For the plants that do require water, she uses a variety of methods to collect water rather than use the tap.
Ulmschneider collects rainwater in a 500-gallon tank linked to her gutters, which then feeds through a drip irrigation system back to the plants that need it. She also collects the condensation from her air conditioning unit with a tube attached to it.
She recently installed a system that sends the “grey water,” or used water, from her washing machine beneath the land’s surface to mulch basins in her backyard, where the water collects and gets distributed to those plant beds.
Besides collecting water manually, she uses the earth as a sponge. Ulmschneider said she uses organic soil that she composts in the backyard to absorb water. And in the front yard, she designed her patio to be porous and collect stormwater runoff.
She said she makes such an effort to reduce her water footprint because it’s a misconception that water is an unlimited resource.
“Water to us is invisible,” she said. “We have no idea how much we use, and it’s extremely cheap. At our current water rates, we could buy 74 half-liter bottles for a nickel.”
There are also incorrect assumptions about what can be done at the individual level to reduce water consumption, she said.
“If all you’re going to teach kids about water or water conservation is you should turn off the tap while you brush your teeth, you haven’t done anything,” Ulmschneider said. “Seventy percent of your water bill is put out on a lawn.”
She also reduces her electrical usage by using solar power. There are 16 solar panels on her roof that have reduced the electricity she uses from the power grid to virtually nothing, except in the summer when her electricity bill is at most $80 a month.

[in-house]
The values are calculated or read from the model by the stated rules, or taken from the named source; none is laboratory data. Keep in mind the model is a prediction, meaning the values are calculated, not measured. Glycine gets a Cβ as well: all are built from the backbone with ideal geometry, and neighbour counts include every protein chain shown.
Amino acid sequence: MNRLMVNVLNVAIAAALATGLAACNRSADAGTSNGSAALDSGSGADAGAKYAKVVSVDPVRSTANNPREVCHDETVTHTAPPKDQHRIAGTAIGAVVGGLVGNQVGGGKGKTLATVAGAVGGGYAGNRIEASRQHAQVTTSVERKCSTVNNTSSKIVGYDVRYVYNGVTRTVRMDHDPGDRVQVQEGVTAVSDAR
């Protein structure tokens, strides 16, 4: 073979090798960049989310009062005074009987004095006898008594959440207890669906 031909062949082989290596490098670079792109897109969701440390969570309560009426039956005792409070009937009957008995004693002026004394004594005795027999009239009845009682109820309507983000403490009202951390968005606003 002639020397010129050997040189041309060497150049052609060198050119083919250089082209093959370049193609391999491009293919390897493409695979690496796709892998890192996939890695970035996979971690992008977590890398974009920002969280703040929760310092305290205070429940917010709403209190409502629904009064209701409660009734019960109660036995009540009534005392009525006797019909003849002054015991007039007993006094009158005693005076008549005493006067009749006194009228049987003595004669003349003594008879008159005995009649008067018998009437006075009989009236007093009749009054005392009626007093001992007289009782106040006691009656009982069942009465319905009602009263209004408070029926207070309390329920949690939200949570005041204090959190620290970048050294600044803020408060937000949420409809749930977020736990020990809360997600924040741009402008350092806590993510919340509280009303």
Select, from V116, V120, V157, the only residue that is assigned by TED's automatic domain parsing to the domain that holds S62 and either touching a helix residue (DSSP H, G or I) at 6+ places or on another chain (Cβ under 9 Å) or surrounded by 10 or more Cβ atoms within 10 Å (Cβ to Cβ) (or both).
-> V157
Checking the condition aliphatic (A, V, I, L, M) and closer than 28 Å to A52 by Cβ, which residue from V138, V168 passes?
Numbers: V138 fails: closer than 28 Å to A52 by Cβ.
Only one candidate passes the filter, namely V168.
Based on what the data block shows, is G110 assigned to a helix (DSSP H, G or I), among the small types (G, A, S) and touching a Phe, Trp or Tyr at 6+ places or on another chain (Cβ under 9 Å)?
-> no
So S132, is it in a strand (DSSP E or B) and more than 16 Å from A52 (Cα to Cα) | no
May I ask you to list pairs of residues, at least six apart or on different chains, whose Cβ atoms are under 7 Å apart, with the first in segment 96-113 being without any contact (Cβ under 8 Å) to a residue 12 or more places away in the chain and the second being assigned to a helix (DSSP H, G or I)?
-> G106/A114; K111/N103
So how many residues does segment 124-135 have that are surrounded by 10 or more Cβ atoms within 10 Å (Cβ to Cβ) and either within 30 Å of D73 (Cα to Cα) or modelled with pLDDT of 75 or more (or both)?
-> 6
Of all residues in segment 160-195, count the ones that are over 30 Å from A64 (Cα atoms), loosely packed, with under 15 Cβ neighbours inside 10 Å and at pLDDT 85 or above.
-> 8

On her back patio, Ulmschneider has a solar-powered oven she equates to a crock pot. She said she can place her meals inside and let them cook all day — the temperature goes up to 150 degrees to 200 degrees, so the food never burns.
Ulmschneider said she thinks some people are discouraged from installing solar panels because of the high upfront cost. Her panels cost about $24,000, she said.
“I won’t see the return on my money unless I stay in the house more than, well — depending on the cost of electricity — 10 to 12 years,” she said. “Which a lot of people don’t plan on doing because we have a very short mindset.”
Ulmschneider started raising chickens in 2013. Midlanders are permitted to have four chickens in city limits — her current bunch are named Esther, Eula, Stevie and Phil.
She said it has been a learning curve.
“When I got them, I thought, ‘I’m just going to let them free range everywhere,’” she said. “‘It’s going to be wonderful. We’re all going to hold wings and sing ‘Kumbaya.’”
In reality, she said she had to fence them off in a particular section of the yard to protect her plants and crops from getting torn up.